Dundonald Links originally set out to be part of a golf and residential complex called Southern Gailes but when that didn’t happen, Loch Lomond Golf Club stepped in to snap up the course for its members in 2003, commissioning Kyle Phillips to put the finishing touches to the design.
Dundonald translates to “Fort Donald” and fortifications have been located near here dating as far back as 200 BC. A golf course existed on the site in the 1900s but this was later turned into a military station named Dundonald Camp. It was here that D-Day landings were rehearsed during the Second World War.
Lying next to the long established courses of Kilmarnock Barassie, Glasgow Gailes and Western Gailes, Dundonald is obviously situated in prime golfing country. The course yardage can vary from 6,415 to 7,300 yards so it can be played as a comfortable member course or as a championship venue.
Only opened in 2005, Dundonald has since proved to be a links of some repute and was the proud host venue for the 2017 Scottish Open, which Rafa Cabrera-Bello won in a play-off. If you like the pampering that goes with golf at the top tracks then this is the place to enjoy such millionaire’s golf for a relatively modest green fee.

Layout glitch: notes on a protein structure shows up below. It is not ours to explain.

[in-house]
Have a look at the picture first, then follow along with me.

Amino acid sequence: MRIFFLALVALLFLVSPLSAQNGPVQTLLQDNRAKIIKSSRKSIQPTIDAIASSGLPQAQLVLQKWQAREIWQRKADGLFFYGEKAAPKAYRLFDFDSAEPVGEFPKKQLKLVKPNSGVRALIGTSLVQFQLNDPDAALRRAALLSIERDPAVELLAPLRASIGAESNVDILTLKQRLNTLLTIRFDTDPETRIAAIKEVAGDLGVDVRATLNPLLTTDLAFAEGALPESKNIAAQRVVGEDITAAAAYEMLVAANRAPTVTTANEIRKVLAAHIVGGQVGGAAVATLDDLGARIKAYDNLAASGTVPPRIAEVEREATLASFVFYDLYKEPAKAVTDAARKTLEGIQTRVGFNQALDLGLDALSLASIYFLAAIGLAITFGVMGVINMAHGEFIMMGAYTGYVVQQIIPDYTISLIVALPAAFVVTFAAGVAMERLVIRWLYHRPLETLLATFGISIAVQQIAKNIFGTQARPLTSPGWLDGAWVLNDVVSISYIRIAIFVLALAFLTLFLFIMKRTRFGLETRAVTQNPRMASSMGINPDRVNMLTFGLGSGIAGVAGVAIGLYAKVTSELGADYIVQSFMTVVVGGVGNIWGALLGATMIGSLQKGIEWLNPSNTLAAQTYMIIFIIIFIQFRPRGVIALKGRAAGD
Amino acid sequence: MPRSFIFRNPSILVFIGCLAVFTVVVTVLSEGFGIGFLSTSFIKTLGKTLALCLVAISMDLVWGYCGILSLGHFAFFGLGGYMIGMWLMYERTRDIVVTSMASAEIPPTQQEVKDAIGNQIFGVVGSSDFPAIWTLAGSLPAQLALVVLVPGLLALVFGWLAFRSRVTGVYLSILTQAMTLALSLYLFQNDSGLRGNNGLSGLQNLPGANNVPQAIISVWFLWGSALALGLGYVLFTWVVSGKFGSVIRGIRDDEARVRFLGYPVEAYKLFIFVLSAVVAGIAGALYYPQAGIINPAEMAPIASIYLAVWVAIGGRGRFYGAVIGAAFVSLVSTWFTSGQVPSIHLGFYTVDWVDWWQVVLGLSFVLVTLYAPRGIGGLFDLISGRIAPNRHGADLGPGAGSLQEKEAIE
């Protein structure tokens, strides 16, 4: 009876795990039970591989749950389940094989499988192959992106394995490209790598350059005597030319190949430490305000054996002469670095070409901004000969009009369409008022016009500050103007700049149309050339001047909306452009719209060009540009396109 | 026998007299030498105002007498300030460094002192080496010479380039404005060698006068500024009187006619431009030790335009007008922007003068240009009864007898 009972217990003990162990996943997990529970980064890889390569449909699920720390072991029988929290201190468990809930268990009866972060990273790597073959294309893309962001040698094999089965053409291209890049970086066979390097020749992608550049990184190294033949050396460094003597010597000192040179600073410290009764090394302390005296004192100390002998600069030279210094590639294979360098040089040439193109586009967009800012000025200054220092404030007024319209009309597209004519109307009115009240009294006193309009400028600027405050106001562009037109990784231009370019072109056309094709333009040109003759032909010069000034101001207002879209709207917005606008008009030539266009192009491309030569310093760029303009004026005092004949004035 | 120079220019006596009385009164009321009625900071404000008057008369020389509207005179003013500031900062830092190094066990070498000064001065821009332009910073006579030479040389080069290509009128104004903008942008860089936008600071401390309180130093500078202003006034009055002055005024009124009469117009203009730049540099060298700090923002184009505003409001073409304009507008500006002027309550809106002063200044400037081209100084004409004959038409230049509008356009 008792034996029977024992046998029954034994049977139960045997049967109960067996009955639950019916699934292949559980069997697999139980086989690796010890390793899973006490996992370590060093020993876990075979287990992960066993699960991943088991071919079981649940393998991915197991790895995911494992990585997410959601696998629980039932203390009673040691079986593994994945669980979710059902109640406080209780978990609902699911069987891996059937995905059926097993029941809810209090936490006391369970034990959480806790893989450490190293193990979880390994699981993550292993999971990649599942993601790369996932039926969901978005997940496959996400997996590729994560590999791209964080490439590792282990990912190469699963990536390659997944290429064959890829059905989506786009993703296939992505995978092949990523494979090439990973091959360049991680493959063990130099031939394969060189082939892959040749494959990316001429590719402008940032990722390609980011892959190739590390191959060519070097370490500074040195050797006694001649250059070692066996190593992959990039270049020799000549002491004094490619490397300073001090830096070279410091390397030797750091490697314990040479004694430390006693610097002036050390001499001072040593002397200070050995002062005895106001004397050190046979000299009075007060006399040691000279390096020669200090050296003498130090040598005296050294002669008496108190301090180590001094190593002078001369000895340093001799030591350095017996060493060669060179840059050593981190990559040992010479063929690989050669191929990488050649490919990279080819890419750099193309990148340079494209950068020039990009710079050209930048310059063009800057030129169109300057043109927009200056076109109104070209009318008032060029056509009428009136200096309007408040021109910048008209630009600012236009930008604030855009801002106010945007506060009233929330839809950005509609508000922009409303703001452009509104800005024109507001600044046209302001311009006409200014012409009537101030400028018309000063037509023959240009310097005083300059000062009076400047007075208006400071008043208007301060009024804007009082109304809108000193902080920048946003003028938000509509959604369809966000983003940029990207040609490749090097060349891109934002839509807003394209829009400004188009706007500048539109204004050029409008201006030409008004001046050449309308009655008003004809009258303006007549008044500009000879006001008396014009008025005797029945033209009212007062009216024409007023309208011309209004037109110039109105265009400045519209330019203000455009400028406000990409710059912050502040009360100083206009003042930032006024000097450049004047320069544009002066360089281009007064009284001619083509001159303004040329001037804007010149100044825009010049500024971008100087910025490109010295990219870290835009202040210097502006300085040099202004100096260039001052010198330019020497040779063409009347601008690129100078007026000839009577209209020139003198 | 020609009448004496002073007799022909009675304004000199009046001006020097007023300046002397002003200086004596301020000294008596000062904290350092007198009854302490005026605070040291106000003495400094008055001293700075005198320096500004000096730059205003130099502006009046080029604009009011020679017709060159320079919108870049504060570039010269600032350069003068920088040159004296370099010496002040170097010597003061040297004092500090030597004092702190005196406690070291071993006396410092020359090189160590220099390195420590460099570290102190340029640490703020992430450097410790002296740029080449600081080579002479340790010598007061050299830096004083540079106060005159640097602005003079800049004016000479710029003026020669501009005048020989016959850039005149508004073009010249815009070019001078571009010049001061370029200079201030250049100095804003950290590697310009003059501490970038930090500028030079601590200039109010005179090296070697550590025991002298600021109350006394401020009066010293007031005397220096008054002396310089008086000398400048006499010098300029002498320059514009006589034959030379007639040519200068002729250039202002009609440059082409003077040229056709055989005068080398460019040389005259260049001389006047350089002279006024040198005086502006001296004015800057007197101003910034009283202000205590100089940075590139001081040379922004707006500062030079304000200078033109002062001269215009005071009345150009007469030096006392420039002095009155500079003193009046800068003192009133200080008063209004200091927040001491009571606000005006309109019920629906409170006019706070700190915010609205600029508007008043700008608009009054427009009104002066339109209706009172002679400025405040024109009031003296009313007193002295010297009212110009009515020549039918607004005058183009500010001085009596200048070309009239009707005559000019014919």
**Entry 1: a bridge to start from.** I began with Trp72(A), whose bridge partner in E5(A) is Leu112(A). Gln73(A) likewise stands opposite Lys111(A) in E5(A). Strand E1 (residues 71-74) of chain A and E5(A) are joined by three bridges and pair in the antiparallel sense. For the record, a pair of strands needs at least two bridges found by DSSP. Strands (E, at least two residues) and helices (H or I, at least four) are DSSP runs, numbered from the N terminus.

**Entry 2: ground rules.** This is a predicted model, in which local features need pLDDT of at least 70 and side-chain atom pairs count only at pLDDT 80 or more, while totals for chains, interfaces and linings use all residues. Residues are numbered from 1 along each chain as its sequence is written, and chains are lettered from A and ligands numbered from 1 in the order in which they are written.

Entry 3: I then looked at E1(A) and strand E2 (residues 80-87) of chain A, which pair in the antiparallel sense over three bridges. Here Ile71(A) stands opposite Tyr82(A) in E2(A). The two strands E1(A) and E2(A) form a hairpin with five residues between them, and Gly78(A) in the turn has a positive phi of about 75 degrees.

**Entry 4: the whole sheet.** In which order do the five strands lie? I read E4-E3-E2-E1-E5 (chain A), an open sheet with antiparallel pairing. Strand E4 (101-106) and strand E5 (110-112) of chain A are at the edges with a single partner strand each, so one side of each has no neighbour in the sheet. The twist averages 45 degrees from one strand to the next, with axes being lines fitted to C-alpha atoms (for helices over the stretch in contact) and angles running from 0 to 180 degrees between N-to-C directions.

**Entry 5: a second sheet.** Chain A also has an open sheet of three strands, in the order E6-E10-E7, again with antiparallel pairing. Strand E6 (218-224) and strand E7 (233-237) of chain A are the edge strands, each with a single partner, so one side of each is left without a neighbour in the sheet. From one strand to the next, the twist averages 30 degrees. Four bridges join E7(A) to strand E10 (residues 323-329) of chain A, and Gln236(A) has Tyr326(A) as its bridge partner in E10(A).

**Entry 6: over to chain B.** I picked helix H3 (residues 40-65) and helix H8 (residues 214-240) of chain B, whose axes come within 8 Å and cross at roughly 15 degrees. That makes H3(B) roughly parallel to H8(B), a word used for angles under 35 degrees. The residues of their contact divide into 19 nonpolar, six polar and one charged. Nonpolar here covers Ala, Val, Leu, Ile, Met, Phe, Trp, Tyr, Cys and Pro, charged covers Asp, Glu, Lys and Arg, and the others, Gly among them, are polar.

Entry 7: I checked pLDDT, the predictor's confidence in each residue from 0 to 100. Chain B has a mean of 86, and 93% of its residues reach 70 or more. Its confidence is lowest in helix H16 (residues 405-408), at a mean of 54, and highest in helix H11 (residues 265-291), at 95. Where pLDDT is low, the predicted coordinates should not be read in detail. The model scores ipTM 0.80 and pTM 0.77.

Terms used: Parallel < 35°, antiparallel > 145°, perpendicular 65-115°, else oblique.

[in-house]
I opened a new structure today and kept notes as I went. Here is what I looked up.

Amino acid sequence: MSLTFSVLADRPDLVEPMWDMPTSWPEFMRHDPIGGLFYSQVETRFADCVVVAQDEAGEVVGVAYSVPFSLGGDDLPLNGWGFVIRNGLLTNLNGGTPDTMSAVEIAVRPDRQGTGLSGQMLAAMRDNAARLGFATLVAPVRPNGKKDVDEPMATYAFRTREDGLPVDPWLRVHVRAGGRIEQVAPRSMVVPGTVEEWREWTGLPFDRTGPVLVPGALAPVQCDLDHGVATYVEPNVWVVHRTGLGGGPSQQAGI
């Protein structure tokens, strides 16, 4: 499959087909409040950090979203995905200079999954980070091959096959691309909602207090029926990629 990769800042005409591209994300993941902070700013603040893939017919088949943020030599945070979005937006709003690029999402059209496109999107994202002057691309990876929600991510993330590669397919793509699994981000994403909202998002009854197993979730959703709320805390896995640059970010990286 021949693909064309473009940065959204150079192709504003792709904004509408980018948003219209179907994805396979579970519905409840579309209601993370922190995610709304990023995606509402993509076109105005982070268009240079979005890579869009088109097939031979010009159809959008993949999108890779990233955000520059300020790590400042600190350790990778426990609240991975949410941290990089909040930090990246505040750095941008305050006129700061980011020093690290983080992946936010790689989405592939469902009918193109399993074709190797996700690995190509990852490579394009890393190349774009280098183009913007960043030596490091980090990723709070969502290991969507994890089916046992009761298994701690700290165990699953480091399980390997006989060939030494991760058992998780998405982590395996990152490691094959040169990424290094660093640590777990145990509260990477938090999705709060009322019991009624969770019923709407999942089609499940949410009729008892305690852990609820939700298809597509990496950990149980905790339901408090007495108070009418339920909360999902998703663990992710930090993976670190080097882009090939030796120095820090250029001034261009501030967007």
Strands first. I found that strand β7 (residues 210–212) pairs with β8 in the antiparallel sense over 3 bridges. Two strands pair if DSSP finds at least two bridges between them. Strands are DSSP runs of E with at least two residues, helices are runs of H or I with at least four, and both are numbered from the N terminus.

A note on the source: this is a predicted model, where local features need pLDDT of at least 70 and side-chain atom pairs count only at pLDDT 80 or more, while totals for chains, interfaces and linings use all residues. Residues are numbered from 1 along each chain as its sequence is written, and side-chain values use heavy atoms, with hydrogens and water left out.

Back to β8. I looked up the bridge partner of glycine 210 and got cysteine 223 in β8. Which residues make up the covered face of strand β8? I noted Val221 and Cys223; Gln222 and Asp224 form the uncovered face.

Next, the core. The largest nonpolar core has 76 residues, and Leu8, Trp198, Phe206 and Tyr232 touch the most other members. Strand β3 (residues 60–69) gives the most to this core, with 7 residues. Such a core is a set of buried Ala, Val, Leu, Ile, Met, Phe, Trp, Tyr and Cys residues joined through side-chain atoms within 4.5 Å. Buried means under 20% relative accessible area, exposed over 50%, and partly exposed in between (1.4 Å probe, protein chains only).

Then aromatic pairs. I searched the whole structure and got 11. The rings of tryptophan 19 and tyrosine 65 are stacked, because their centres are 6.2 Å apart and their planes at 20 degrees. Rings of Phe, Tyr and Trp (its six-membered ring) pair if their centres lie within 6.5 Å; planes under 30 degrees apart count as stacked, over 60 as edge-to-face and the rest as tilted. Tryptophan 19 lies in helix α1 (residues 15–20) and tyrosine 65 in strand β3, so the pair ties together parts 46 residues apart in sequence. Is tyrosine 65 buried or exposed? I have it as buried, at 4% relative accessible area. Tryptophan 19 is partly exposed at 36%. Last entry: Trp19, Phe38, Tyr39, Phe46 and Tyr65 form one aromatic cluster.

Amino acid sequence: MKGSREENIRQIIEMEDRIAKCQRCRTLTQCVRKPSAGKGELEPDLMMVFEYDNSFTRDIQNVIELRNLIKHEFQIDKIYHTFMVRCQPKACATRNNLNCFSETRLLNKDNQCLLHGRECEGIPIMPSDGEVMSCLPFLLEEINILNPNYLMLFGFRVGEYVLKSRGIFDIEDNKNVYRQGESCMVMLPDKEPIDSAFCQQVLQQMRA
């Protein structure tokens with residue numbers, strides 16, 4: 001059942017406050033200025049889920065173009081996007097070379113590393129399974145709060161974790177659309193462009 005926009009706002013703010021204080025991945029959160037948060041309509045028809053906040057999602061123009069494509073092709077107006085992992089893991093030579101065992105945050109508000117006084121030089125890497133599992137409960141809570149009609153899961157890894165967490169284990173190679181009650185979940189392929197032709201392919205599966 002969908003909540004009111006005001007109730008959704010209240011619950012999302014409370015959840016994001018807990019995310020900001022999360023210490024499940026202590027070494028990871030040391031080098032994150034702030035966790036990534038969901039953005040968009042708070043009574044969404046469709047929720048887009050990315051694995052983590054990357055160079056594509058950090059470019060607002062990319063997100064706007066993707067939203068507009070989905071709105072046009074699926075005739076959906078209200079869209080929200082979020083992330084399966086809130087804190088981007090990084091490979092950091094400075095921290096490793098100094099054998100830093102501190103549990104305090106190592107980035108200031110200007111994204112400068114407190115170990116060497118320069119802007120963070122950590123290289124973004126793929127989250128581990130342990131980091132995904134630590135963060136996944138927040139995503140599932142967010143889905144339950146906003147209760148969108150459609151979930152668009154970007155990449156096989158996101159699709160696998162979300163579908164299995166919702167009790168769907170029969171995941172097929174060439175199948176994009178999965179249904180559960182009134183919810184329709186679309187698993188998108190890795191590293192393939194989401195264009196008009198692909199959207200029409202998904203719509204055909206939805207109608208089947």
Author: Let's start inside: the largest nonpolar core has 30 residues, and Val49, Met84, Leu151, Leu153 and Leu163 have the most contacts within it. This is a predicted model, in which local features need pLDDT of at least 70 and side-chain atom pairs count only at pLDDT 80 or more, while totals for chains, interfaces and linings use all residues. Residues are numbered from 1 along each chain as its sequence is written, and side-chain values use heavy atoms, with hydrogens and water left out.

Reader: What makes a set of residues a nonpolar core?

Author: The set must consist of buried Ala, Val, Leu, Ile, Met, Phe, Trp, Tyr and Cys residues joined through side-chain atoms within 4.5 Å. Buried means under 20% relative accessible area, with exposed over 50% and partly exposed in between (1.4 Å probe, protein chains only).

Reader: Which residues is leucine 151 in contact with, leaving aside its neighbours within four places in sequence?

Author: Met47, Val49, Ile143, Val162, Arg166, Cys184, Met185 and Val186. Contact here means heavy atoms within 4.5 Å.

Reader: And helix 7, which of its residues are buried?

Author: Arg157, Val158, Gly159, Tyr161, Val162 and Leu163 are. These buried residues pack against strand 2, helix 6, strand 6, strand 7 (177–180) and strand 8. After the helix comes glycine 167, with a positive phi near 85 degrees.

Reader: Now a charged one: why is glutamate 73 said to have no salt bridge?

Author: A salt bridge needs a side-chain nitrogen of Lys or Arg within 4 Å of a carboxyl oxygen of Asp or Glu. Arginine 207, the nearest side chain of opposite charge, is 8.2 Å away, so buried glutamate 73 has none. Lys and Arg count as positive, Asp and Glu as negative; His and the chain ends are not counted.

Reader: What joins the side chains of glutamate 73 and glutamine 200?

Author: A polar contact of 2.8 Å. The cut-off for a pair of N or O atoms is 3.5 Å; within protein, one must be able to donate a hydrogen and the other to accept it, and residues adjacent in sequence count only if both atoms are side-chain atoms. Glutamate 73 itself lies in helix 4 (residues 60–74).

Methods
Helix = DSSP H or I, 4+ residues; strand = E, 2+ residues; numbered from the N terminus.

The Dundonald experience begins at the gatehouse when the security man lifts the barrier to let you in – everyone from then on seem to know your name. It’s a mirror of the treatment you get at Loch Lomond, but the course here on the Ayrshire coast is a true links layout and the polar opposite of the private layout on the shores of the famous loch.
Dundonald ranges in length from 6340 to 7100 yards. As one of our group was experiencing a bad back, we played the 6340 tees although I did walk back to the back tees on every hole. My score likely would have been the same from the 6725 yardage, which is where I wanted to play, Having said that, there are only significant differences on six holes: 8, 9, 10, 15 16 and 18.
Dundonald is on a flat piece of land and it is a fun golf course to play. It will not beat you up unless you play from the back tees as the fairways on some of the holes get narrower. I thought the strength of the golf course lies in the par 3's although none were truly special. The fourth and ofare the best of those par 3's.
I liked the routing of the holes as it moves around in all directions with 1-4 out and back, 5-8 playing in a "inner" circle, and then playing in an outer circle of almost a figure eight in reverse.
The one element I did not like was the false burns with railroad ties. I just did not understand why.
For me the best holes were 3, 4, 6, 14 and 16.